Home server rebuild - x10sdvt, d-213-matx

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Active Member
Feb 7, 2011
Hard to believe it's been nearly two years since my last major home server rebuild, but here's the writeup for that: Home Server Rebuild: S-35-DE5SL, E3-1230v3, E3C224D4I. That server has worked great. My only real complaint was the 16 GB RAM limitation (though I didn't actually need more).

I recently moved into a new house. I actually purchased the house a while ago, but wasn't able to move due to not wanting to make my kids switch schools in the middle of the year. Though the house is in a nice, quiet suburban area, I was still concerned about having it sit vacant. So I took the opportunity to build up a camera PVR system using Zoneminder. The Zoneminder system was built using an Asrock H110M-ITX board, i5-6500 CPU, 8 GB RAM, and a 1 TB Crucial MX300 SSD, all contained in an iStarUSA D-213-MATX 2U chassis. Here's a pic:

My plan after actually moving was to consolidate the Zoneminder system with my existing home server, mentioned above. Unfortunately, the old server didn't make the move for some reason. So I took the opportunity to rebuild it, opting for a Supermicro X10SDV-TLN4F (Xeon D 1541), and sprung for 32 GB RAM.

Previously, I used the iStar S-35 case because my old house had space limitations in the "server closet". Specifically, I didn't have room for any rackmount devices deeper than about 10" or so. So I just used a rack shelf and the S-35 case. It worked great!

But the new house has a big unfinished basement, so no space limitations. Now I can get back to "normal" depth rackmount cases. So, wanting to consolidate the Zoneminder system and the home file server, and not wanting to spend any more cash, I decided to put it all in the D-213-MATX 2U chassis I already had.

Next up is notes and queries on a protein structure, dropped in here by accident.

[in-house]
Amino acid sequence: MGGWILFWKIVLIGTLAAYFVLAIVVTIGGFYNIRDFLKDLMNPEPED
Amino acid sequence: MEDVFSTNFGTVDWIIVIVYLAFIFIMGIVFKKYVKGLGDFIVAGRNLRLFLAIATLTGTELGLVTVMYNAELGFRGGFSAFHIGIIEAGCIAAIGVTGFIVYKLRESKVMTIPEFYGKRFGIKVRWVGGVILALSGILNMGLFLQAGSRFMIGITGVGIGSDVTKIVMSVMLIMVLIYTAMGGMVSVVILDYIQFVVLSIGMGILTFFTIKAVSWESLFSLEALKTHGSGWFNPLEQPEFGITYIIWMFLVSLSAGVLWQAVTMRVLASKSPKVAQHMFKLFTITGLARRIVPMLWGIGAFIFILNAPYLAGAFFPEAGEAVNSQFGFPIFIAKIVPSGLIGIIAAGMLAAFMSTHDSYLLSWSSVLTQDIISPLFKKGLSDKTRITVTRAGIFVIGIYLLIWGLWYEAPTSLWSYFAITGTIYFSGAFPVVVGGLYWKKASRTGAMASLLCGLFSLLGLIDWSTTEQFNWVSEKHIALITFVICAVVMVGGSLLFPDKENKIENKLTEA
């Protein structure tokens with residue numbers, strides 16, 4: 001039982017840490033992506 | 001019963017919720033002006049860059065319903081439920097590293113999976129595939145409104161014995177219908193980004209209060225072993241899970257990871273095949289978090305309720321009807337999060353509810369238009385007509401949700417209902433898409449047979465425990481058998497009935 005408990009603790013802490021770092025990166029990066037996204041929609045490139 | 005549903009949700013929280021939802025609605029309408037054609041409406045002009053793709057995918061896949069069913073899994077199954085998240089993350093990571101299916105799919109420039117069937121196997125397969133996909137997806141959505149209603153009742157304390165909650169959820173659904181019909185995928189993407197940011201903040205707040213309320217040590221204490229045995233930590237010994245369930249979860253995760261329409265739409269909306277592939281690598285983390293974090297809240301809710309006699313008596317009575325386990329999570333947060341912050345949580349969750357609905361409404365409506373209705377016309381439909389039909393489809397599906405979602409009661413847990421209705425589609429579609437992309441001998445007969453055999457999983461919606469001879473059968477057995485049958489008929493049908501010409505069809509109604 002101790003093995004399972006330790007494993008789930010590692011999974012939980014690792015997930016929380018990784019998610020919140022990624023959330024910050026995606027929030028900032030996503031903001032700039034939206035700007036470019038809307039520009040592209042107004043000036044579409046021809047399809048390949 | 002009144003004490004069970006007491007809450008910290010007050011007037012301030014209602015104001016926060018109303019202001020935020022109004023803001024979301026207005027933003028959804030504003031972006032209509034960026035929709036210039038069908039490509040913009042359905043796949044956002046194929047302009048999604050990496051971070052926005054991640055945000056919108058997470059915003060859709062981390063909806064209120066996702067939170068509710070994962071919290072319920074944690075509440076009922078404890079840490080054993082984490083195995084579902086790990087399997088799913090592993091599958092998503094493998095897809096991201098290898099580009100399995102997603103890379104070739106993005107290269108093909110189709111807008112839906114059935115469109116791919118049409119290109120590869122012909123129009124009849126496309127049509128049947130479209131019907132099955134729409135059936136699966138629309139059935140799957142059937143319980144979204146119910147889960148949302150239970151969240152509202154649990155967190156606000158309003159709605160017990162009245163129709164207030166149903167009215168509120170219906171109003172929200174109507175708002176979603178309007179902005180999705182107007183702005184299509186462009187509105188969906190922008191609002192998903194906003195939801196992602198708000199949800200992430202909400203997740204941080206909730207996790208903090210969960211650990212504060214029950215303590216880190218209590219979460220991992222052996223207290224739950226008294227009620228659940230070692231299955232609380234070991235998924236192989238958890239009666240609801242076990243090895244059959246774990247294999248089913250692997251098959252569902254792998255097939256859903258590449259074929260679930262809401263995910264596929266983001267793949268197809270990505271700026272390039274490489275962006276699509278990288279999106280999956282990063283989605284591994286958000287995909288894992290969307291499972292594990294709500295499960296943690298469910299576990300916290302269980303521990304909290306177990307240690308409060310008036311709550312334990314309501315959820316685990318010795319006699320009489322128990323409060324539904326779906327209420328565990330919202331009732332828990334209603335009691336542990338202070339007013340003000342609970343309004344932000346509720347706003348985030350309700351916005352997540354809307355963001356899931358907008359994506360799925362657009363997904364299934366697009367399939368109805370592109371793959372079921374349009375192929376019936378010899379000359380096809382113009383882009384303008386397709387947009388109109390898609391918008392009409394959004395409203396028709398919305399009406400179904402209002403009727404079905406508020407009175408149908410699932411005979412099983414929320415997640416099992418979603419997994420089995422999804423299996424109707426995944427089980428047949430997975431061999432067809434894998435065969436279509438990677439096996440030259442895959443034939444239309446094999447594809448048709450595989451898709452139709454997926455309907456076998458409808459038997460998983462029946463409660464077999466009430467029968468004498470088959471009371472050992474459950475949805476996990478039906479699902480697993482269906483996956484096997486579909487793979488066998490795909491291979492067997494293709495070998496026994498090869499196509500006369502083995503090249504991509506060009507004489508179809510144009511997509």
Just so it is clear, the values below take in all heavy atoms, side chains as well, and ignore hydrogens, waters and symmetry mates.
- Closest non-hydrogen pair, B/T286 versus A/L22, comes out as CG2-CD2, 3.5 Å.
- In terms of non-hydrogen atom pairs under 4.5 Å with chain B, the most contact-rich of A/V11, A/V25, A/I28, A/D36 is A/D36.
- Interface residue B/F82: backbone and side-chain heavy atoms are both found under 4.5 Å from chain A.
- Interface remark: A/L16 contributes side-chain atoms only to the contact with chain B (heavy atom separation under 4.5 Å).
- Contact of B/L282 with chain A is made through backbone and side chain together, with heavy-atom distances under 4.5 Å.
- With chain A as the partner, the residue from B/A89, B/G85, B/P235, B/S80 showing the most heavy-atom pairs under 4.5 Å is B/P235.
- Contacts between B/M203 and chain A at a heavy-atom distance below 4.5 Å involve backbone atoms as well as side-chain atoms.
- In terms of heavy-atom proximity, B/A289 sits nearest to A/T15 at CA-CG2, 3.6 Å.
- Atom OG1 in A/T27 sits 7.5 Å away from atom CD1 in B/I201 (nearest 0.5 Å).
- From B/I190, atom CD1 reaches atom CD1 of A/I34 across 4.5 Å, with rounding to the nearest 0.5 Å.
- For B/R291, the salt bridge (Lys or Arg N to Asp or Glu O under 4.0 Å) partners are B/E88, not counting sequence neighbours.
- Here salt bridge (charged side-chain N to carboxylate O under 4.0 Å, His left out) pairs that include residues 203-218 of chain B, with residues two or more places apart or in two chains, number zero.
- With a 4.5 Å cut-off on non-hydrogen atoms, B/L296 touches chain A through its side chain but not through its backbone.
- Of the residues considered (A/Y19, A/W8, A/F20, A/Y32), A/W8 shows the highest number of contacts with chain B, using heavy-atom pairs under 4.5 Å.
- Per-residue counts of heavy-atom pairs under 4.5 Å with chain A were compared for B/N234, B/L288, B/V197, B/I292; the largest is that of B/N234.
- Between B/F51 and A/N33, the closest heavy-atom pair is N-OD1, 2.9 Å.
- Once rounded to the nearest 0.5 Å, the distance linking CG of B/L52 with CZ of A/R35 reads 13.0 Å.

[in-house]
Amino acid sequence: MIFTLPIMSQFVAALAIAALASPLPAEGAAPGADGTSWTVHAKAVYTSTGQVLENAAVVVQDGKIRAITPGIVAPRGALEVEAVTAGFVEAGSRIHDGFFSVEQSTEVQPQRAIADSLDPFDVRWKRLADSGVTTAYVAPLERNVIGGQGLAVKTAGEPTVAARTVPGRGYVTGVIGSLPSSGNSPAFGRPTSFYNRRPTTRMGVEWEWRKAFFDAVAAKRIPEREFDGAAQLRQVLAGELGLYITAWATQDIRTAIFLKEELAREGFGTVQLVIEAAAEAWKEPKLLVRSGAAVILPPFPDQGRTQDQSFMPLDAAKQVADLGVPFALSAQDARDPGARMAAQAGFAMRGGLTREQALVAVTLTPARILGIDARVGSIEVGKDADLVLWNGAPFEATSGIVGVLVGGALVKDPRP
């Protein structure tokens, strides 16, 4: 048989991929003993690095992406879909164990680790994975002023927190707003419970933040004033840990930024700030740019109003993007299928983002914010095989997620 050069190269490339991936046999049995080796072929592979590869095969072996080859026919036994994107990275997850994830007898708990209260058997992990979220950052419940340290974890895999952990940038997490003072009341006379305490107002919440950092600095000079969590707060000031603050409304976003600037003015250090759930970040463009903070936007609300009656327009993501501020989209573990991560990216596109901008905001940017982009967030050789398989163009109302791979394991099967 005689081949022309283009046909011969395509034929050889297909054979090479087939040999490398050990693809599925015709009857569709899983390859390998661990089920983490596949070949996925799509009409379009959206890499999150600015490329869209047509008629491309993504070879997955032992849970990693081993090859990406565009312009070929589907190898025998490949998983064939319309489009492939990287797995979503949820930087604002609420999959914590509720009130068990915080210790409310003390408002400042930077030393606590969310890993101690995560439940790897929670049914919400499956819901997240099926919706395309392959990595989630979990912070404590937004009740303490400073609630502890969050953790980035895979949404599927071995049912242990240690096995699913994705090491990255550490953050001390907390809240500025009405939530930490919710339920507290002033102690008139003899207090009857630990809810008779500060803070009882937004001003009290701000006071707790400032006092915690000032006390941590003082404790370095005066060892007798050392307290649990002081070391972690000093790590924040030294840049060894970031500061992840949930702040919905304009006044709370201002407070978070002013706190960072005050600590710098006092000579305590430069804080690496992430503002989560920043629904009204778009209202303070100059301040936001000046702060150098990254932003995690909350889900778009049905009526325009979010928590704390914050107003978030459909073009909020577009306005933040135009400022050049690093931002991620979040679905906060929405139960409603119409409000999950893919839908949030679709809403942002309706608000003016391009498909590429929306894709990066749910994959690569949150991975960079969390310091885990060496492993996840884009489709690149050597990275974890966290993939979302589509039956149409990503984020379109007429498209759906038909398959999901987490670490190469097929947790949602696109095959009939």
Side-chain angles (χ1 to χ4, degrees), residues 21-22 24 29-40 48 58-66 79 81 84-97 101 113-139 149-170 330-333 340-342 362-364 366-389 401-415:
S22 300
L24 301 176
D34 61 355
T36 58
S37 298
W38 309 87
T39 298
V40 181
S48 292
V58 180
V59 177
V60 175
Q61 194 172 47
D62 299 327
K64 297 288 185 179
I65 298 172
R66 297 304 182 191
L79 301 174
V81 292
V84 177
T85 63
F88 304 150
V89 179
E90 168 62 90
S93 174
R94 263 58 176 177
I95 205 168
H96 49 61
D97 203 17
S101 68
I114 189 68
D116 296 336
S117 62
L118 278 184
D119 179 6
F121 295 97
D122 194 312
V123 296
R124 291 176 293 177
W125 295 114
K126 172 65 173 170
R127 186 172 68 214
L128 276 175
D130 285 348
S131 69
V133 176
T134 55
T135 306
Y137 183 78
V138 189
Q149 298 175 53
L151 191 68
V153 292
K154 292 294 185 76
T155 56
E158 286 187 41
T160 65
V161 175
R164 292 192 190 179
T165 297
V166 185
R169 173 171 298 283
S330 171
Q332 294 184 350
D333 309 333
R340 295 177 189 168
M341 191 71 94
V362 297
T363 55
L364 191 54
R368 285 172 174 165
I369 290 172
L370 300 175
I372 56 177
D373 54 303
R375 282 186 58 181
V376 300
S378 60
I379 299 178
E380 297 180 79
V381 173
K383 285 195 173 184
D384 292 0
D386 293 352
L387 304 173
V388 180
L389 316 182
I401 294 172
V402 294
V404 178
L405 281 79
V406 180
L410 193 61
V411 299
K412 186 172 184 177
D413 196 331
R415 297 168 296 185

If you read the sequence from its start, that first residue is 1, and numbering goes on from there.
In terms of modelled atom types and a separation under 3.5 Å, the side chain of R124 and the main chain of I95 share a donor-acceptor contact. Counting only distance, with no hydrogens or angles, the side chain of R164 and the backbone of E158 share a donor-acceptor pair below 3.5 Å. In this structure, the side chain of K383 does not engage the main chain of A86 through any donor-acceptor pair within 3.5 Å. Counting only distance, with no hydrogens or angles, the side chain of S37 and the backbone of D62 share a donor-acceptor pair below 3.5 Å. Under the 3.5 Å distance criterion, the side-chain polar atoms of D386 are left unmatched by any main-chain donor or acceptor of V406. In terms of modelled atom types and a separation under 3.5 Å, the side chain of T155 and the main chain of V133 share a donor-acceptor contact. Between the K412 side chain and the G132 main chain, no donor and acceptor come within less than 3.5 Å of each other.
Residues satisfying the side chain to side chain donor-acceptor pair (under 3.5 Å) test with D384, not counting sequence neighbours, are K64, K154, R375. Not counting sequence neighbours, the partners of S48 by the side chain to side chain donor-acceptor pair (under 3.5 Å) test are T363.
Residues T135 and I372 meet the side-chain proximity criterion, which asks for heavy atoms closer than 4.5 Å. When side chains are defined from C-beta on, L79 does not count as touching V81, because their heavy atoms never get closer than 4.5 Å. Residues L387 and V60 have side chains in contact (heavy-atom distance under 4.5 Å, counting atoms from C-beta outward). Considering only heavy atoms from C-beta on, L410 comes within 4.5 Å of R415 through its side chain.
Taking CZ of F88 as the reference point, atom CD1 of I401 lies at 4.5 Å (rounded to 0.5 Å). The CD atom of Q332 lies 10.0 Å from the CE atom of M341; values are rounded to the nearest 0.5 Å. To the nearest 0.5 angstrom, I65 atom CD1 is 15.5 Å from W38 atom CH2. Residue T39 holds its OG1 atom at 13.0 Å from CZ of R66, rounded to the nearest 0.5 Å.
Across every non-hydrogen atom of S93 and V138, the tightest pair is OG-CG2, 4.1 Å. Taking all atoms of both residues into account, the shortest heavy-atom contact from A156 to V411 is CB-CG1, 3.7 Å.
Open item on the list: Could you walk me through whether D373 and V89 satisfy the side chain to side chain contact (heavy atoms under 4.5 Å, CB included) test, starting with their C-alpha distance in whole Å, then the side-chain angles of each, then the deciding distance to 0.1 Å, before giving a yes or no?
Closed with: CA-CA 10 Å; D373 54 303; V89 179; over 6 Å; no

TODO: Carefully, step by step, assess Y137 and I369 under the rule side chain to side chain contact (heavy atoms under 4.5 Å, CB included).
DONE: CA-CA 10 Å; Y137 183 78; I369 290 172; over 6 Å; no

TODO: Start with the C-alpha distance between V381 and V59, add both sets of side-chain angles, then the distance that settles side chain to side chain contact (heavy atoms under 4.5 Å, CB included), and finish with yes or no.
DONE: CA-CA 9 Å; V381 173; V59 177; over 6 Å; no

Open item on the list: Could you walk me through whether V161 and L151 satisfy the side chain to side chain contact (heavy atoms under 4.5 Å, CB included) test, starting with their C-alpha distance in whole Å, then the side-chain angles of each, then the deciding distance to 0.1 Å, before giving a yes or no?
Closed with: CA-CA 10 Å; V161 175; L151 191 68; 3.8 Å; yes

I was initially concerned about heat/airflow in the 2U chassis; I asked about it in this thread: How much airflow for X10SDV-TLN4F (Xeon D 1541)?. However, after migrating everything to the 2U case, I ran a couple hours of prime95, and found temperatures were will well within the acceptable range, and only a few degrees C higher than in the S-35 case. Here's a quick pic of the x10sdv in the S-35 case:

Before we get to pics of the finished project, one comment: the D-213-MATX is advertised as working with two 80x25 fans. And that is true. But in my build, there might be room for 80x38 fans. I measured the gap between my current Arctic F8 PWM fans and the hard drives, and it's 13mm. 25+13=38, so a thicker fan might just barely fit. Notice there is some wiggle room with where the drives end up due to "pill-shaped" mounting holes on the HDD brack:

OK, enough rambling! Now for the pics of the (mostly) finished project. I can clean it up a bit more with some zip ties and shorter SATA cables. Even though temps are fine, I do want to get some higher airflow chassis 80mm fans. But for now, it looks halfway decent (or maybe my standards are declining). Certainly not neat, but there are little nooks in which to tuck cables. In case it's not obvious from the pics, I'm using an adapter in the 5.25 bay that supports up to four 2.5" drives. So, total specs for this build:
  • Chassis: iStarUSA D-213-MATX
  • Motherboard+CPU: Supermicro X10SDV-TLN4F (Xeon D 1541)
  • RAM: 32 GB via 2x16 GB Kingston ValueRAM KVR21E15D8K2/32I
  • PSU: Antec Earthwatts 380W EA-380D
  • HDD: 2x8TB Hitachi Helium, 1x6TB WD Red, 1xCrucial MX300 M.2, 1xCrucial MX300 SATA, 1xIntel 320 300GB SATA
  • FANS: case 2xArctic F8 PWM, Delta EFB0512HHA (stock CPU fan)
  • ROLES: MythTV backend, Zoneminder, NAS, media storage, family fileserver

Last edited:


Jan 26, 2011